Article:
Article from the Boston Globe’s On Call Magazine, September 2001
By Helen Osborne, M.Ed., OTR/L
President of Health Literacy Consulting
Whenever you begin a new project, one of the first places you should go is a medical library. Regardless of whether you want to learn about a new clinical intervention, find out about the latest trend in quality assurance, or prepare for a presentation, the medical library invariably has the information you need to get started.
Ellen Fulton, RN, MLS-AHIP is the medical librarian at the Deaconess Waltham Hospital. She brings a rare combination of skills to this position, with degrees in both nursing and library science. As a nurse, Fulton understands the type of information that health professionals need. As a medical librarian, she knows how to help health professionals gain access to that information.
For example, a nurse educator was preparing to teach nursing assistants about fall prevention with patients who have dementia. She asked the medical librarian to help her find relevant journal articles and guidelines of accepted practice. The librarian first searched the medical and nursing literature and retrieved more than 200 journal citations from which she selected twenty-five recent major articles. She didn’t stop there, however. The librarian also searched the Internet for additional resources and found seventy-seven guidelines of standard practice as well as videotapes the nurse could use in her teaching.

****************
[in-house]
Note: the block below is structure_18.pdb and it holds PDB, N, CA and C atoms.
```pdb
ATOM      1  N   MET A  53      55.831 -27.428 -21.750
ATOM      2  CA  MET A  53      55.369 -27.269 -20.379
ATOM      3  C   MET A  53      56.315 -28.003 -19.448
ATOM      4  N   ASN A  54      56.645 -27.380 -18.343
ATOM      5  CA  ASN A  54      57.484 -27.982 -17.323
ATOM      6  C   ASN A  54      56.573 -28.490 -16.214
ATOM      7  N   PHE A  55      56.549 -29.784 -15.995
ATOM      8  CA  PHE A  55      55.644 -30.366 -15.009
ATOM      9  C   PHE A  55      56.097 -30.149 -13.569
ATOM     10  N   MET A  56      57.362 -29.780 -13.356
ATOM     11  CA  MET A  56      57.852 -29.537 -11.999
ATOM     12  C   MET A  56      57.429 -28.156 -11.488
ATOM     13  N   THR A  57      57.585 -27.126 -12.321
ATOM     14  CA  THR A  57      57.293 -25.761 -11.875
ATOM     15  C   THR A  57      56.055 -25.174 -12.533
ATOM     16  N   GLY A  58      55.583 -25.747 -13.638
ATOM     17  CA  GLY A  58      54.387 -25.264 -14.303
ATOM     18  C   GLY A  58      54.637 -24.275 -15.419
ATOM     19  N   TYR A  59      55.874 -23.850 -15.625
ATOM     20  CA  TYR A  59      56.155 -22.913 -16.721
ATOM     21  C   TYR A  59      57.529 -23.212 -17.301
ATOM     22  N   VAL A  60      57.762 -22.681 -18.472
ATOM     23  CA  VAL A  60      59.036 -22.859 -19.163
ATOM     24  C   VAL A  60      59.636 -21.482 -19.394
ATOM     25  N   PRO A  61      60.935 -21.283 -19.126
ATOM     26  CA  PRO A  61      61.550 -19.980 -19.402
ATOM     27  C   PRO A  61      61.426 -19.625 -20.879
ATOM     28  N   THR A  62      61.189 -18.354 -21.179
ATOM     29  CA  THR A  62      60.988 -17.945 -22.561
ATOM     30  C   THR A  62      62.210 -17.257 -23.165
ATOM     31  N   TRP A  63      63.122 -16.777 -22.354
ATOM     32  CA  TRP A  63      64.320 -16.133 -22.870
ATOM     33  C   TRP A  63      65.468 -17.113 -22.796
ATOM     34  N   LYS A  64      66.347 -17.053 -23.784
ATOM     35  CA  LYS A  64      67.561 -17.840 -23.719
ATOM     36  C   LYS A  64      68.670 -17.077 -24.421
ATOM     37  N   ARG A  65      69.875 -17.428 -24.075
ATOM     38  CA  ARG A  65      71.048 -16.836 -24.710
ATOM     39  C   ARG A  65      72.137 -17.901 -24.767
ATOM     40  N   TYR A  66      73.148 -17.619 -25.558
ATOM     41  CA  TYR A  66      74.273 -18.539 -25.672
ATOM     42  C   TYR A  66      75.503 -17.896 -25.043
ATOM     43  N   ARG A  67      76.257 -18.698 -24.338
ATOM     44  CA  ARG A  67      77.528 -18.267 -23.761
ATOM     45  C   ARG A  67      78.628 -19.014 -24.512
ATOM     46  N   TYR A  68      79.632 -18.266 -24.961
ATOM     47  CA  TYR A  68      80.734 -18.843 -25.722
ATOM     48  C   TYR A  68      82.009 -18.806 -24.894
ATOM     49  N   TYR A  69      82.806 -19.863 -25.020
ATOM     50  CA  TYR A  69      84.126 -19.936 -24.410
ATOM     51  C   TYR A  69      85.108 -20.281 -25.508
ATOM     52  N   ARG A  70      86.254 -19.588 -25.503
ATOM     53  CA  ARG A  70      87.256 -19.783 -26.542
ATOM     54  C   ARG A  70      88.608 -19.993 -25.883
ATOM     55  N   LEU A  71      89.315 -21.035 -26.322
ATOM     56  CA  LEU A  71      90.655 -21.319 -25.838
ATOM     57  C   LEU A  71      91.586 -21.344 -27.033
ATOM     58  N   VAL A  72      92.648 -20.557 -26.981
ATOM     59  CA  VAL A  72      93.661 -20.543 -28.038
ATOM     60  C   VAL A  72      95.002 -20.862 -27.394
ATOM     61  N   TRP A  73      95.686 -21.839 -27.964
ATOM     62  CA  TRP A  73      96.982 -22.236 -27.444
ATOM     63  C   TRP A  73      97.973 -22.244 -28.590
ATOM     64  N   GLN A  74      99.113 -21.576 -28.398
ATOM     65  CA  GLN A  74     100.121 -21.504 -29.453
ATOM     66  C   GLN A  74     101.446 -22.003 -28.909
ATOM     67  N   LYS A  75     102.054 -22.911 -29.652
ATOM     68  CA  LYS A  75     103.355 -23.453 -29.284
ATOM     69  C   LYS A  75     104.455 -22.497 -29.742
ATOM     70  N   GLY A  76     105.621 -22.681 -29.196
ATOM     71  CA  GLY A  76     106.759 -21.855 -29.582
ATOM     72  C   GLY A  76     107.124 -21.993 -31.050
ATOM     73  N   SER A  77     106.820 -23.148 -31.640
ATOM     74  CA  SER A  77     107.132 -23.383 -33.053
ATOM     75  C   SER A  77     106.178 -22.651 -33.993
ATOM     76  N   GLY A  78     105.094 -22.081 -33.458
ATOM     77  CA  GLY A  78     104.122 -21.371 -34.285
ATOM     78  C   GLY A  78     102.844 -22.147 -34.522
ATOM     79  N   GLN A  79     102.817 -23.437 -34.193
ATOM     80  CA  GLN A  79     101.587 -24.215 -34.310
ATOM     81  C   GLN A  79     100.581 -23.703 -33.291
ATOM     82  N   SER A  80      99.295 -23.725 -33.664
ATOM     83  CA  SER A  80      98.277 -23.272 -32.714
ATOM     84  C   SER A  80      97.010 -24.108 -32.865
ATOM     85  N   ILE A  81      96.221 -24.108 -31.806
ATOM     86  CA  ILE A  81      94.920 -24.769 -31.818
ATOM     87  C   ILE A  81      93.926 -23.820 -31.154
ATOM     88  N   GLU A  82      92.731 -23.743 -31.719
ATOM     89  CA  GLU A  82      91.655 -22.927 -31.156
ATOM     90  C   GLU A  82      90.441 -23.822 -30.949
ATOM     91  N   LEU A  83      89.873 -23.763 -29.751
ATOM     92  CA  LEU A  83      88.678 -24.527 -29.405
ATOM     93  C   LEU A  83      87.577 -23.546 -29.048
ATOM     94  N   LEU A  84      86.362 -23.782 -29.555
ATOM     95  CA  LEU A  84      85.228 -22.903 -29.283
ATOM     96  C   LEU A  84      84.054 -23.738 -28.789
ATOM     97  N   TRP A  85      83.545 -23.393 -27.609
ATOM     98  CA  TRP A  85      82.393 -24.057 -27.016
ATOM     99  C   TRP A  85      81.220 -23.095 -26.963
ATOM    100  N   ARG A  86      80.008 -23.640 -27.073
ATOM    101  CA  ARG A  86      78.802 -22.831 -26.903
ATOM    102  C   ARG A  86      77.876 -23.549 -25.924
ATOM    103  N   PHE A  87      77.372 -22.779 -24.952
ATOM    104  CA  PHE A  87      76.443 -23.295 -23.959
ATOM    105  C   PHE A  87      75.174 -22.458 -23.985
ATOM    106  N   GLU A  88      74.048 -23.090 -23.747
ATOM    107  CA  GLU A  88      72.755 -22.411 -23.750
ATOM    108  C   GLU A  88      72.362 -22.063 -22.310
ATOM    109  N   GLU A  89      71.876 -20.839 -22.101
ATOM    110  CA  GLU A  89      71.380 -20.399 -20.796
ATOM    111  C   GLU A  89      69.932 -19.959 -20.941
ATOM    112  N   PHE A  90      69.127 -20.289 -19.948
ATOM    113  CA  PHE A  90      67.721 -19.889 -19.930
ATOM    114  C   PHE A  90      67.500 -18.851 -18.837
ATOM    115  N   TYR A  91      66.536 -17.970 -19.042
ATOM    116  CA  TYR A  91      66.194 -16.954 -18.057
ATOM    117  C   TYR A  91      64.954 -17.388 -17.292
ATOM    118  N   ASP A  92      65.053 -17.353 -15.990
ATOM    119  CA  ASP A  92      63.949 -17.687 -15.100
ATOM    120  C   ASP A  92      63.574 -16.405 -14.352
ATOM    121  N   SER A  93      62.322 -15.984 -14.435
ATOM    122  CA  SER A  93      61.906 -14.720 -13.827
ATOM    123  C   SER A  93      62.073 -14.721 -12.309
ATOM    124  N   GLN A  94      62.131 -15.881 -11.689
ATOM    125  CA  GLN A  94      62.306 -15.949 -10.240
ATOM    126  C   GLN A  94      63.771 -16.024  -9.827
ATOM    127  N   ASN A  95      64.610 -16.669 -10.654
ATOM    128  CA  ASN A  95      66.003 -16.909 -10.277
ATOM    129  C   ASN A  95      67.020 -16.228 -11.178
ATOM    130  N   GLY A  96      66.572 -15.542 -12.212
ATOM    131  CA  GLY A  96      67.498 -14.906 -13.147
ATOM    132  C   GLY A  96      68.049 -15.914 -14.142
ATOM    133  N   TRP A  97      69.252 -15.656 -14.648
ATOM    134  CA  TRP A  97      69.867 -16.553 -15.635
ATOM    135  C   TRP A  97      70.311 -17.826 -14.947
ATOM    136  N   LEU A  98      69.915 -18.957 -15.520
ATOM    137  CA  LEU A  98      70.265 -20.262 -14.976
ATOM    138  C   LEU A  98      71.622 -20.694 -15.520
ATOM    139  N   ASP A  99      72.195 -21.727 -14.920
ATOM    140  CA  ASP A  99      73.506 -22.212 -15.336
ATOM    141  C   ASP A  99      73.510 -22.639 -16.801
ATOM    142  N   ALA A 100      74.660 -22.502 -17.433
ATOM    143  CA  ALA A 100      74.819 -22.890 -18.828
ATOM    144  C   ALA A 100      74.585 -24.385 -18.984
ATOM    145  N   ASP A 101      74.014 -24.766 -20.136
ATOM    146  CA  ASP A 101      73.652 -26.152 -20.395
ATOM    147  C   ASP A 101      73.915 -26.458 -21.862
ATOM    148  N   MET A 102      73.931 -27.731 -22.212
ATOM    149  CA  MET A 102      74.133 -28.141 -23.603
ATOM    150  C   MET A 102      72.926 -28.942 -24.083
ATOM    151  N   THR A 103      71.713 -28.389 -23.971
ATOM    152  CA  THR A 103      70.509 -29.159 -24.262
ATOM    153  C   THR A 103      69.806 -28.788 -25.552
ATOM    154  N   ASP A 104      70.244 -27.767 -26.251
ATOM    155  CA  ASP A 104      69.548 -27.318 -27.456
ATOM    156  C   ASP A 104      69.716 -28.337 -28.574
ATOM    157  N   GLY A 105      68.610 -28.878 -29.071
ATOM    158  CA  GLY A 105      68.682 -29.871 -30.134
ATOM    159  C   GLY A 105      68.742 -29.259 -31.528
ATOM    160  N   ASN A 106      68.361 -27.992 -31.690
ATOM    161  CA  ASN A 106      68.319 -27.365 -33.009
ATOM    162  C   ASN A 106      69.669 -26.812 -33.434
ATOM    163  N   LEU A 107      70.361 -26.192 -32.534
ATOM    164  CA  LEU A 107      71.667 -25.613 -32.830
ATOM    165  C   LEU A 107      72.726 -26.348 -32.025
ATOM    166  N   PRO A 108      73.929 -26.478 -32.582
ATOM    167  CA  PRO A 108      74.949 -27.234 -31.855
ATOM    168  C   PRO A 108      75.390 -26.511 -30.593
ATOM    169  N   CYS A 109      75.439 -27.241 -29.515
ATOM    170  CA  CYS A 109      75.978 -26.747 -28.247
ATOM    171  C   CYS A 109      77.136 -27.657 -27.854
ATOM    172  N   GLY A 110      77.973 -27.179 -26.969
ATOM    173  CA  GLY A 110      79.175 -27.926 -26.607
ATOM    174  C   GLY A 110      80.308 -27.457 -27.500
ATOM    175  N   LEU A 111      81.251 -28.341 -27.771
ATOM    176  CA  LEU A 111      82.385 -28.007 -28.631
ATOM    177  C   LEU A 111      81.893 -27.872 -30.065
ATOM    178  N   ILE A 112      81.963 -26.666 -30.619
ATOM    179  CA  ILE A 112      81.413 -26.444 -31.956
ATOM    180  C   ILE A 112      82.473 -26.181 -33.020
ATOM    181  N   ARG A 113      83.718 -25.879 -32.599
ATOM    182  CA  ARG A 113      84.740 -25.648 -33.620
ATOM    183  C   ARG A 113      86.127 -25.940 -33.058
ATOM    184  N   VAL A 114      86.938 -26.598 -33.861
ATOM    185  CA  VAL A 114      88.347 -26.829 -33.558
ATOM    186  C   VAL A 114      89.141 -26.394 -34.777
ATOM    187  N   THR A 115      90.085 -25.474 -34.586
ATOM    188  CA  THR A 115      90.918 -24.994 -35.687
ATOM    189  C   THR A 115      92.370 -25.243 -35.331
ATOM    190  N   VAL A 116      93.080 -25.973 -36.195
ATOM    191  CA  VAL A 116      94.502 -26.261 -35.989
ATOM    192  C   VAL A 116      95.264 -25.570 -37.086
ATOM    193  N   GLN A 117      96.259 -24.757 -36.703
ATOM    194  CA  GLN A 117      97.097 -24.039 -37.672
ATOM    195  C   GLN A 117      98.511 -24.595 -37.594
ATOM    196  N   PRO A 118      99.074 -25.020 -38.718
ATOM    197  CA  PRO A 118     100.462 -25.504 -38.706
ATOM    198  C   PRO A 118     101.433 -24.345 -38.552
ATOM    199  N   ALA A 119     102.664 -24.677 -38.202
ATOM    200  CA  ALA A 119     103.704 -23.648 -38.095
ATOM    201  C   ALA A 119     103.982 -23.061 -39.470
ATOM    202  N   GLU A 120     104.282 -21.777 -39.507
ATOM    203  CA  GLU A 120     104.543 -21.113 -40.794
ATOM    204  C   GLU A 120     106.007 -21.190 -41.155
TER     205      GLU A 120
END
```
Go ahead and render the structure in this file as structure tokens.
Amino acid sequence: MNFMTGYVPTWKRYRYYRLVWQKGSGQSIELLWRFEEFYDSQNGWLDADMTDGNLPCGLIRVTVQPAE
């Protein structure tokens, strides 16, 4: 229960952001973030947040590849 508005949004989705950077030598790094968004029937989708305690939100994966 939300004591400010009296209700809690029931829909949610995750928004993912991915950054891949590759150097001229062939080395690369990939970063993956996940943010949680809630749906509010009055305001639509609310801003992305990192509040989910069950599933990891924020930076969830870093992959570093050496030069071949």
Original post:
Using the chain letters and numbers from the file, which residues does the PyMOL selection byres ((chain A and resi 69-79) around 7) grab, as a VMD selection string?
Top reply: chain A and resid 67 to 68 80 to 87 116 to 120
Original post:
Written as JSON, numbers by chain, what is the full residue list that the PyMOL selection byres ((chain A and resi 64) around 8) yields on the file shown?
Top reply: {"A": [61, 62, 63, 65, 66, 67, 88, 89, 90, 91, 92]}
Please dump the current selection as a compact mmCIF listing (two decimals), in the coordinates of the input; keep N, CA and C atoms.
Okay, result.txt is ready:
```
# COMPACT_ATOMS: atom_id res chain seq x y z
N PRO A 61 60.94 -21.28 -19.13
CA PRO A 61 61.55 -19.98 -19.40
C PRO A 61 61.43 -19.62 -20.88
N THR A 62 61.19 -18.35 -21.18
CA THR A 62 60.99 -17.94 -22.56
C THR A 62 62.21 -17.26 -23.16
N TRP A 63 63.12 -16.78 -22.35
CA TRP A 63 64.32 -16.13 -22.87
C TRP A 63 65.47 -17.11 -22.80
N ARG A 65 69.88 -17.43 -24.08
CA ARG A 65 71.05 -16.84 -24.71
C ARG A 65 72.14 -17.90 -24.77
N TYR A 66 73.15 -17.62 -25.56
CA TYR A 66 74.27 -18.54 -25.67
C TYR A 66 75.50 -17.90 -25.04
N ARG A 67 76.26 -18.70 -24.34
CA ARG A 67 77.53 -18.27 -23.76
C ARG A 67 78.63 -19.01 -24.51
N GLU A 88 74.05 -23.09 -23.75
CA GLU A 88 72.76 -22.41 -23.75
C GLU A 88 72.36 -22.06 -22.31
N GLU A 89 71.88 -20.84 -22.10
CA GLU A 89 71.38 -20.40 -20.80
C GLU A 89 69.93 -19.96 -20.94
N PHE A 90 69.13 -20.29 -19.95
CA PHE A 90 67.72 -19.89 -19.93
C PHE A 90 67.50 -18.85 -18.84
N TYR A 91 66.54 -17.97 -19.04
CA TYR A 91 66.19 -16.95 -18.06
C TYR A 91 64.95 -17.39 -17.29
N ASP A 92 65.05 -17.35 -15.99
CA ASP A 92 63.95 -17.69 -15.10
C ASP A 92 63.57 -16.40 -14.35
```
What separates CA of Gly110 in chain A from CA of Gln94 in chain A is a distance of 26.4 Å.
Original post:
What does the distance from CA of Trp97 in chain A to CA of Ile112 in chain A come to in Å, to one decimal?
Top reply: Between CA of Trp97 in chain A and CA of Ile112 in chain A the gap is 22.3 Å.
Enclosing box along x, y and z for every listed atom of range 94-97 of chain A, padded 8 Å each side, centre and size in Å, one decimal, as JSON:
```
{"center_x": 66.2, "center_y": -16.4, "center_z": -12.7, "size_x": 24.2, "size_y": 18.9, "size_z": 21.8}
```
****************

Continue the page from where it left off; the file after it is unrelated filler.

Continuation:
Some, but not all, of these resources were available at no charge. Mindful of the budget, the librarian contacted public and medical library networks and found out where the nurse could borrow most of the necessary materials. Ultimately, the librarian found all the information at a price the nurse said she could afford. Now when the nurse speaks to groups of health professionals, she always advises, “First thing, get to know your medical librarian.”
Good Advice Is Worth Taking
Take that nurse’s advice. Get familiar with your medical library and work with the librarian to find information you need. Here are some ways to get started:
Find a medical library you can use. There are medical libraries at most hospitals across Massachusetts. If you work in healthcare, find out what your facility offers for services. Find out if there is a digital library you can access from your computer at work or home. Many colleges and universities also have extensive collections of health-related information. Health professionals who do not have access to a medical library can register with “Loansome Doc,” a program offered through the National Library of Medicine. This program connects health professionals with a regional medical library where they can receive full-text copies of journal articles. In Massachusetts, the regional medical library is at the University of Massachusetts Medical School in Worcester. For more information about Loansome Doc, call (800) 338-7657.
Don’t be timid about asking the medical librarian for help. Whether you meet the librarian face-to-face or communicate by e-mail, telephone, or the fax machine, feel free to ask for help when researching a topic. Librarians often get asked the same questions about a topic and so build up a fund of knowledge they can call upon as needed. This means that sometimes librarians will help you locate relevant information that you didn’t even ask for. They may even continue sending you new articles about your topic as they are published.